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What Is Balayage?

Wait, What Does Getting a Balayage Hairstyle Really Involve?

I'd be very surprised if you haven't considered getting balayage at least once during the past few years. The of-the-moment hair colour has dominated social media for as long as we can remember, but we're still loving it. The versatile hue works for all hair lengths and colours. We've seen countless gorgeous midlength balayage styles, rainbow styles, and multiple ways to wear brunette balayage.

We've tapped into the expertise of Jack Howard, a London-based celebrity hair colourist and L'Oréal Professionnel UK Colour Spokesperson and the main man that brought balayage to the UK. If you thought you knew all there was to know about balayage already, think again.

What is balayage?

"'Balayage' is a French word meaning 'to sweep or to paint'" which is exactly how the dye is applied. The colour is hand-painted by the colourist placing the dye exactly where the sun would hit the hair, allowing for a natural, sun-kissed finish. This natural finish is very different to "traditional foil highlights, which are quite uniform and stripy. Balayage gives softer, less noticeable regrowth lines with the principal idea being less is more." Jack says that balayage is "often thought of as new, but [he has] been doing it for over 20 years and taught it on four continents to thousands of hairdressers; it's continually evolving and always bespoke."



"Classic Balayage pieces should be very close and soft at the root leading to a thicker highlight at the ends of the hair. Balayage is applied on the surface of the section and not saturated through the section until the very tips" to create the soft finish. Jack also notes that professional cling film is used to keep the coloured pieces of hair separate, rather than using foils as you would for traditional highlights. "Because it's hand-painted, your colourist can choose the placements to best complement your haircut, skin, and features, so it looks really natural rather than actually coloured."

Jack says balayage falls into four categories: Creative, Classic, Micro, Californian. Classic balayage, as described above is, "saturated at the ends and product is loaded in the midlengths, feathered up to the root, and spread down over the surface of the section for a seamless finish." Creative balayage is applied similarly to classic but "the difference here is that whilst we spread the product down to the ends, we only feather slightly for a more subtle finish." Micro balayage is achieved by saturating the ends, loading product just above this and feathering up. Finally, California is a much heavier incarnation of this application; still very soft at the root but with much more coverage."

Who can have it?

Anyone! Jack says, "it works on all hair lengths and types. You can go supersubtle or push it to extremes using something like #MyColourfulHair by L'Oréal Professionnel, which lets you have fun with colours that easily wash out. The great thing about balayage is that one size doesn't fit all." Perfect for those hesitant about trying a completely new colour who still want to switch up their natural shade.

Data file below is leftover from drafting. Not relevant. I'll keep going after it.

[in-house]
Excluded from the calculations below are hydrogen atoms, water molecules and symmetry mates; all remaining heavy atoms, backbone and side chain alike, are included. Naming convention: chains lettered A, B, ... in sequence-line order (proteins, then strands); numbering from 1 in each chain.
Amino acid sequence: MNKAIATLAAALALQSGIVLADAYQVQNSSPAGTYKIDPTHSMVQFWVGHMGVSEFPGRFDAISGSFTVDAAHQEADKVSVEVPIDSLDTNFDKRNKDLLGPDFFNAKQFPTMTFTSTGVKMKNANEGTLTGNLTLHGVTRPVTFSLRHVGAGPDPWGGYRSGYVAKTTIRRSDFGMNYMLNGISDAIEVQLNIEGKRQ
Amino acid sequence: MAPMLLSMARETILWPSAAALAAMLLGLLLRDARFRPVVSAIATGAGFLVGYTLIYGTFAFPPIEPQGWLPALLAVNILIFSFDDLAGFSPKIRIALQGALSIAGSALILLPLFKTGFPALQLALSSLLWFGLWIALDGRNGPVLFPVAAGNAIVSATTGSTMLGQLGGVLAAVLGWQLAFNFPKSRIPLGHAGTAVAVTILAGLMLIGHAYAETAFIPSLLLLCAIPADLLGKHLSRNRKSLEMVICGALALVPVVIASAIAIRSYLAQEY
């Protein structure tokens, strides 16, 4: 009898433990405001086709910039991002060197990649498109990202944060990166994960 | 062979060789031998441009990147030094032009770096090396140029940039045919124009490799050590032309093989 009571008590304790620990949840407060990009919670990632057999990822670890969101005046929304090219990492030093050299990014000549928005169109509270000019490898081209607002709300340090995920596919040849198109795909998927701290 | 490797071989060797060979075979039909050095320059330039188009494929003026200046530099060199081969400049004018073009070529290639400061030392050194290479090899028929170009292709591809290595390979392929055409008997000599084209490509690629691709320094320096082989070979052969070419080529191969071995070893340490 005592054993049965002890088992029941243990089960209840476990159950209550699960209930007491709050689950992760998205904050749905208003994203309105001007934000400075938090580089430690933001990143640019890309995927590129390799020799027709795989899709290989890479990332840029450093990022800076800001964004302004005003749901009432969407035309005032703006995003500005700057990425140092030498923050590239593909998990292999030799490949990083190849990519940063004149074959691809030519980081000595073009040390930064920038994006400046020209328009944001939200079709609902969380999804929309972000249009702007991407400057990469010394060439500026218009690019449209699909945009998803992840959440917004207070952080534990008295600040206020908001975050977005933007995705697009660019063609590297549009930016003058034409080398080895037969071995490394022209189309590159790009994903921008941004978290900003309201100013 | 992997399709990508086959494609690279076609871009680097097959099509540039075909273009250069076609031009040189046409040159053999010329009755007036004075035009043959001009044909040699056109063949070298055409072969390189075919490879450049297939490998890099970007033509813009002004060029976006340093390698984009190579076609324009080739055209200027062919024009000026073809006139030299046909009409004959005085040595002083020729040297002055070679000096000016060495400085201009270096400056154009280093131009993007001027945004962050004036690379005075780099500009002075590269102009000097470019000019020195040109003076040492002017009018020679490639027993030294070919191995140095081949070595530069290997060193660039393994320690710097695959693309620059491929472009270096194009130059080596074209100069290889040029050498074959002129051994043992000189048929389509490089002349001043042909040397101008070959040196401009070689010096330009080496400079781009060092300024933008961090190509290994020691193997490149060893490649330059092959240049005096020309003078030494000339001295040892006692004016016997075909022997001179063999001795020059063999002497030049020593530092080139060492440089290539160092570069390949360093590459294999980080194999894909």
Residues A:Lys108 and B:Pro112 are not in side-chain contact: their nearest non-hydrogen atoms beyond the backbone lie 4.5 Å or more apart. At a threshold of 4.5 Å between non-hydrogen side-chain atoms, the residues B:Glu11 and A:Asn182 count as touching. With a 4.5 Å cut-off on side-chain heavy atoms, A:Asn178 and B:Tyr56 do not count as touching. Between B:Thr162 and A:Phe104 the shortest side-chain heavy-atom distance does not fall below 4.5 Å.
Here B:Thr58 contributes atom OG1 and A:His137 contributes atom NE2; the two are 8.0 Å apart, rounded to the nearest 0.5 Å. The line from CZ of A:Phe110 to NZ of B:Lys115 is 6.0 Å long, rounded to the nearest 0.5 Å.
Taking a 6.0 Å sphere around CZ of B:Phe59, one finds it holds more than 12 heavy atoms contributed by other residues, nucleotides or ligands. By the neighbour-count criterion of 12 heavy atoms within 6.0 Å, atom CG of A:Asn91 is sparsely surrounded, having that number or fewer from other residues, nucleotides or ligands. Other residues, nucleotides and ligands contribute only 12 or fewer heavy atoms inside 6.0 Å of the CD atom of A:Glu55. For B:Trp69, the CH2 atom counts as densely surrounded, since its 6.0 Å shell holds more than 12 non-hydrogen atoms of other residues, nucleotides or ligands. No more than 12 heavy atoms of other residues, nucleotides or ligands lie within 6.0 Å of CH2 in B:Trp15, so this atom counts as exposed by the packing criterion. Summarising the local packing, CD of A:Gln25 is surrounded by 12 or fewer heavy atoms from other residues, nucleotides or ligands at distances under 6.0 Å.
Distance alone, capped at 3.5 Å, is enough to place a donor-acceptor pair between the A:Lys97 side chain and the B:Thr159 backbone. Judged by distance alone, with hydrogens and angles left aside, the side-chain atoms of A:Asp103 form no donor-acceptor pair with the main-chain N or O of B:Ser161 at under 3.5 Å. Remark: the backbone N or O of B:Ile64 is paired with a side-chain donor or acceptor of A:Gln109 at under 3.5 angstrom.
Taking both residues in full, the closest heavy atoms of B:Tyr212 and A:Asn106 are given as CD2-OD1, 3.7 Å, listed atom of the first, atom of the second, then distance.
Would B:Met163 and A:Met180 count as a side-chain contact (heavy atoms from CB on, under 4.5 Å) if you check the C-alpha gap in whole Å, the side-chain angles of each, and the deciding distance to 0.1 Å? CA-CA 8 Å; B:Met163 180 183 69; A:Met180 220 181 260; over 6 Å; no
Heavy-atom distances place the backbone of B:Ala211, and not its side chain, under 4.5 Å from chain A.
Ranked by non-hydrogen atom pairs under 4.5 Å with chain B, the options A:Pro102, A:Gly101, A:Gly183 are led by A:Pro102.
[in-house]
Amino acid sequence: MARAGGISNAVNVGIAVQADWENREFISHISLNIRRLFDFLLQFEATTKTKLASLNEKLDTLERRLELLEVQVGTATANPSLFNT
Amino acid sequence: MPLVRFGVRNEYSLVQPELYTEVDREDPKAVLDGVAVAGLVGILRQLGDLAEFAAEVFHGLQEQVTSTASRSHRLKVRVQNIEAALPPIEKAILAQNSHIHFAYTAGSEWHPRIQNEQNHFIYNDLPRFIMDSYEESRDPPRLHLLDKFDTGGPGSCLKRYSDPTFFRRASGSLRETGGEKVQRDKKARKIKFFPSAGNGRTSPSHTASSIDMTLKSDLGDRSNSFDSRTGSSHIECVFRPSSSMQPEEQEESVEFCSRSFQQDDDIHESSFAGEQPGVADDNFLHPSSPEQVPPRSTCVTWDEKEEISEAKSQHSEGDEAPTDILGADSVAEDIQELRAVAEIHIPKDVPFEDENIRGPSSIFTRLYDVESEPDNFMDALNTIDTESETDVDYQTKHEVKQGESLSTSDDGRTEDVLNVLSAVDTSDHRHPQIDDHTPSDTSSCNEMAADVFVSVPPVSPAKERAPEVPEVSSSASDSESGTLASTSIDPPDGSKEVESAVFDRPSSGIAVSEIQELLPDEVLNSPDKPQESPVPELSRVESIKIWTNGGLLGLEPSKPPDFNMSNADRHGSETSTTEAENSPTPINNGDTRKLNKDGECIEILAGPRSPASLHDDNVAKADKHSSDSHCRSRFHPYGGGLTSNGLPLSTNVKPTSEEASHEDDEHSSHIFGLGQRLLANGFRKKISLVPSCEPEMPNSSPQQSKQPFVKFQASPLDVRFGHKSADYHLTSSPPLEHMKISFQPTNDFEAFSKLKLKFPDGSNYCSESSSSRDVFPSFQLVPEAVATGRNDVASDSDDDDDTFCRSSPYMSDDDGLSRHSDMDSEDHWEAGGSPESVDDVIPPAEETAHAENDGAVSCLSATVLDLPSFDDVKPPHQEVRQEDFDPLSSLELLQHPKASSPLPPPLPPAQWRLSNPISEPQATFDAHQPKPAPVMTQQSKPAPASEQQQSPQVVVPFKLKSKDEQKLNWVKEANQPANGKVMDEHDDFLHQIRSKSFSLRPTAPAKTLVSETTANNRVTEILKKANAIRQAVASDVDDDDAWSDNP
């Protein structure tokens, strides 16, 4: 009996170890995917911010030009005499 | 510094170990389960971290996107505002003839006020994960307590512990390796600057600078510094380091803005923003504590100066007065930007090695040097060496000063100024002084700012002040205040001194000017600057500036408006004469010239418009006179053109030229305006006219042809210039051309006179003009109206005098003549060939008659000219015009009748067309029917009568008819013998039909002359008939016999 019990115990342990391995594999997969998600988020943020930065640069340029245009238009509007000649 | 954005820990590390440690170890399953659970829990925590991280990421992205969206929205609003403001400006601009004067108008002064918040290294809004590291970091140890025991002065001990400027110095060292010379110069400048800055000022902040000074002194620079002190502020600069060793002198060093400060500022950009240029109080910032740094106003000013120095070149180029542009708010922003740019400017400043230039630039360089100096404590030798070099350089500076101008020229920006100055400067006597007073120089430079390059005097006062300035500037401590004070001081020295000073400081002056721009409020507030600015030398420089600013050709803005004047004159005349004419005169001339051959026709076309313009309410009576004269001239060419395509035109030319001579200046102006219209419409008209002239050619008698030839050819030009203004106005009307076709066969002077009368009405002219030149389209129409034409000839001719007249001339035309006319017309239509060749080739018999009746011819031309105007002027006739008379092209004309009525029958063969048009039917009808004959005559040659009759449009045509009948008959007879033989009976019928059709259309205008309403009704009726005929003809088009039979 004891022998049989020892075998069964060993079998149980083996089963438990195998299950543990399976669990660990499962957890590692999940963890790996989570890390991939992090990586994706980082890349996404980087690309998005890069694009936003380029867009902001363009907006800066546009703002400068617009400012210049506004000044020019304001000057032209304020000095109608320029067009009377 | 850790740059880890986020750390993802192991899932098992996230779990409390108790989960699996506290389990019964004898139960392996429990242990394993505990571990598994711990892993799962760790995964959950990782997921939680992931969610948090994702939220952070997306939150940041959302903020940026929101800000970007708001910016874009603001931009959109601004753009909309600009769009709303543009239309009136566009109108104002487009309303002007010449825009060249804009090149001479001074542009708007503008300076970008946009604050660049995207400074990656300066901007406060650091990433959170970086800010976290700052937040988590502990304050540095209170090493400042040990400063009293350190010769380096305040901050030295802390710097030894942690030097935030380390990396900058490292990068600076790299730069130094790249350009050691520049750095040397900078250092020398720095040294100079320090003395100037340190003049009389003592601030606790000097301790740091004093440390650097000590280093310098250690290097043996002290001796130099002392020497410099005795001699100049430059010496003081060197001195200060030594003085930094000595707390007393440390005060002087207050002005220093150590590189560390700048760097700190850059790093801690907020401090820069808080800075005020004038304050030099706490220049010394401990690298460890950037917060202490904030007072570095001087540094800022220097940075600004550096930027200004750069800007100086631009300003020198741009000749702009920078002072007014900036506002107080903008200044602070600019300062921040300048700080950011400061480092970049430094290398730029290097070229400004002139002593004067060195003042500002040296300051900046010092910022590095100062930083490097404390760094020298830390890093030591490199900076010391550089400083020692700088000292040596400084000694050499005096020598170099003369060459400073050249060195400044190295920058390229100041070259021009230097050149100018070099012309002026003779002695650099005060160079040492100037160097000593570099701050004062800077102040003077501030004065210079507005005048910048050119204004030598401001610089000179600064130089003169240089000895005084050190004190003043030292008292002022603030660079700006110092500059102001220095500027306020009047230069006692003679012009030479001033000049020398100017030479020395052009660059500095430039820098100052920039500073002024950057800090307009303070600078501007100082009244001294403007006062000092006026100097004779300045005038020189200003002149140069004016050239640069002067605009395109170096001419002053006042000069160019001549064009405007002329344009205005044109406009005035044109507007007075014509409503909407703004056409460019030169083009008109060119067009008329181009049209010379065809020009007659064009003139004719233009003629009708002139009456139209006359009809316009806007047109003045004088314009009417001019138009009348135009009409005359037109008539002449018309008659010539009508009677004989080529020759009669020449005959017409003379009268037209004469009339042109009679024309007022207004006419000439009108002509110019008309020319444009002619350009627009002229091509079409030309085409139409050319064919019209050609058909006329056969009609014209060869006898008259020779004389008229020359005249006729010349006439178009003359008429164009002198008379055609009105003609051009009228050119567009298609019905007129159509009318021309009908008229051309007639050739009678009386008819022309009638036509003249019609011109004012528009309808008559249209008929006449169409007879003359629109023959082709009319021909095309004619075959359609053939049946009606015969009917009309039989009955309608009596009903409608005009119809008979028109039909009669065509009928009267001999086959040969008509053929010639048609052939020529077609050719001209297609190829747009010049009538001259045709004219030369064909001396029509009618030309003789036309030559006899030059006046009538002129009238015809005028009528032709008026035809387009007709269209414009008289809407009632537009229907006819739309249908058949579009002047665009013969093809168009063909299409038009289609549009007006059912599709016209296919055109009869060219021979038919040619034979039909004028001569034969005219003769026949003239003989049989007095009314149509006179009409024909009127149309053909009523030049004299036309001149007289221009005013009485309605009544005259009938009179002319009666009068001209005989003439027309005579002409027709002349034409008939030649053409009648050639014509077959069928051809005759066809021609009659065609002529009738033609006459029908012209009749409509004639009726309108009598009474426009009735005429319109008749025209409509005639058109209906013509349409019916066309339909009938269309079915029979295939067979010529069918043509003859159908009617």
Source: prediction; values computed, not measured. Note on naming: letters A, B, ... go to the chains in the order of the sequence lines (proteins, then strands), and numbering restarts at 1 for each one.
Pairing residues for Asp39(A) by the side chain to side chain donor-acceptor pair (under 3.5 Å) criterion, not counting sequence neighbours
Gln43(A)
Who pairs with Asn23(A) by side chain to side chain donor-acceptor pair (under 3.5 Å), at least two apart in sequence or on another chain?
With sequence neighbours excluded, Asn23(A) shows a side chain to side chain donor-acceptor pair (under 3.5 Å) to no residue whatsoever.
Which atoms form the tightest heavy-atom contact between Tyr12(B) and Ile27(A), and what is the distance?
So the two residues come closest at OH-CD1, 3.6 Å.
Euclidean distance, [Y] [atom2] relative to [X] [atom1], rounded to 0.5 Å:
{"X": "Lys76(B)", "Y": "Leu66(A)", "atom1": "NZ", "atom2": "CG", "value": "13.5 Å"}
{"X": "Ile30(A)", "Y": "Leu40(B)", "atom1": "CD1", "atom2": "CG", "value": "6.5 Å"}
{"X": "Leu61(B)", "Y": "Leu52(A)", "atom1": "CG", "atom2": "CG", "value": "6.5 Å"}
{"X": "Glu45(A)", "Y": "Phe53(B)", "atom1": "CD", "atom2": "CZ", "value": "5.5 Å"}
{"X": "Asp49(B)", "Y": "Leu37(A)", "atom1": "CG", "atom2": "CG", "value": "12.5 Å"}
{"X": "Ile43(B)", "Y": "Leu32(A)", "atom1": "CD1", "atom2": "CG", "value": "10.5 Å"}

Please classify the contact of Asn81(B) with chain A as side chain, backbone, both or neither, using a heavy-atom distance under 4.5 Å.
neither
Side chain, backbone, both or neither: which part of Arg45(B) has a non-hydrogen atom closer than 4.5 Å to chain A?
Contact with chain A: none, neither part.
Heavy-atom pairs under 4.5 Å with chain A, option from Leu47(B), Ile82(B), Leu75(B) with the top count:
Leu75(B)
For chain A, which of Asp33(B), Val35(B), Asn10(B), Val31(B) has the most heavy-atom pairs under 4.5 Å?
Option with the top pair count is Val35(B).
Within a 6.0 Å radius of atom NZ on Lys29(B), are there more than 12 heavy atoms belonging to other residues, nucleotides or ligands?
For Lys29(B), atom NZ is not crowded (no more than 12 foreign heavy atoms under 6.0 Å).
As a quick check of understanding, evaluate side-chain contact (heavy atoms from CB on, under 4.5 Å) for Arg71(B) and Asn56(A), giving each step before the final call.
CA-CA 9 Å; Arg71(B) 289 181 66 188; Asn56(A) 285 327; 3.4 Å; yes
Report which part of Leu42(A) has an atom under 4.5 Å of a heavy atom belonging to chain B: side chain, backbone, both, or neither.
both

What colours are available for balayage?

"It's suitable for any base colour as it's tailored to you. There has definitely been a preconception that balayage is just about adding blonde pieces, but that's not the case at all. The first thing you should do is chat with your colourist about your options — they'll be able to tell you what will suit your skin tone. There are so many great shades out there, some warm, some cool, so always have a consultation to ensure the colour suits you. Have a look on Pinterest or Instagram at the balayage hashtag."


Possibly the best part about a balayage hairstyle is how low-maintenance it is. "For many women, highlights are too time-consuming, and I personally feel colourists who spend 90 minutes doing a full head of foils are making colour a chore unless that's the look you really want. Balayage is great because not only is it speedy, meaning you don't have to sit so long in the chair, but it grows out beautifully, meaning less maintenance, so fewer frequent appointments. Foils need to be redone every six to eight weeks, yet balayage can easily last 12 to 14 weeks." Jack says that some of his clients only have it done twice a year!

Balayage can be such a quick colour job that Jack has created a colour menu called "Balayage-to-go" with five dye choices that can be done in as quick as 15 minutes. Ranging from the Poppy Delevingne—inspired "New Yorker" in 15 minutes to the "Rio" (this is the colour I have and love), which is contouring for the face, adding a few lighter pieces to frame the face.

A post shared by Jack Howard (@jackhoward_srh) on


The cost obviously ranges in price from hair length to salon. Jack say, "balayage with me starts at £140 for that six-piece look, but all salons are different. I've trained thousands of colourists all around the UK and worldwide, and it's become a staple on the salon menu so you should be able to find someone nearby — I recommend having a look on Instagram to see their work." And remember, with all hair colour, it is worth spending more for a better colourist. Hair colour is hard to fix once the damage has been done, particularly when it comes to balayage.

Image Source: Getty / Michael Loccisano
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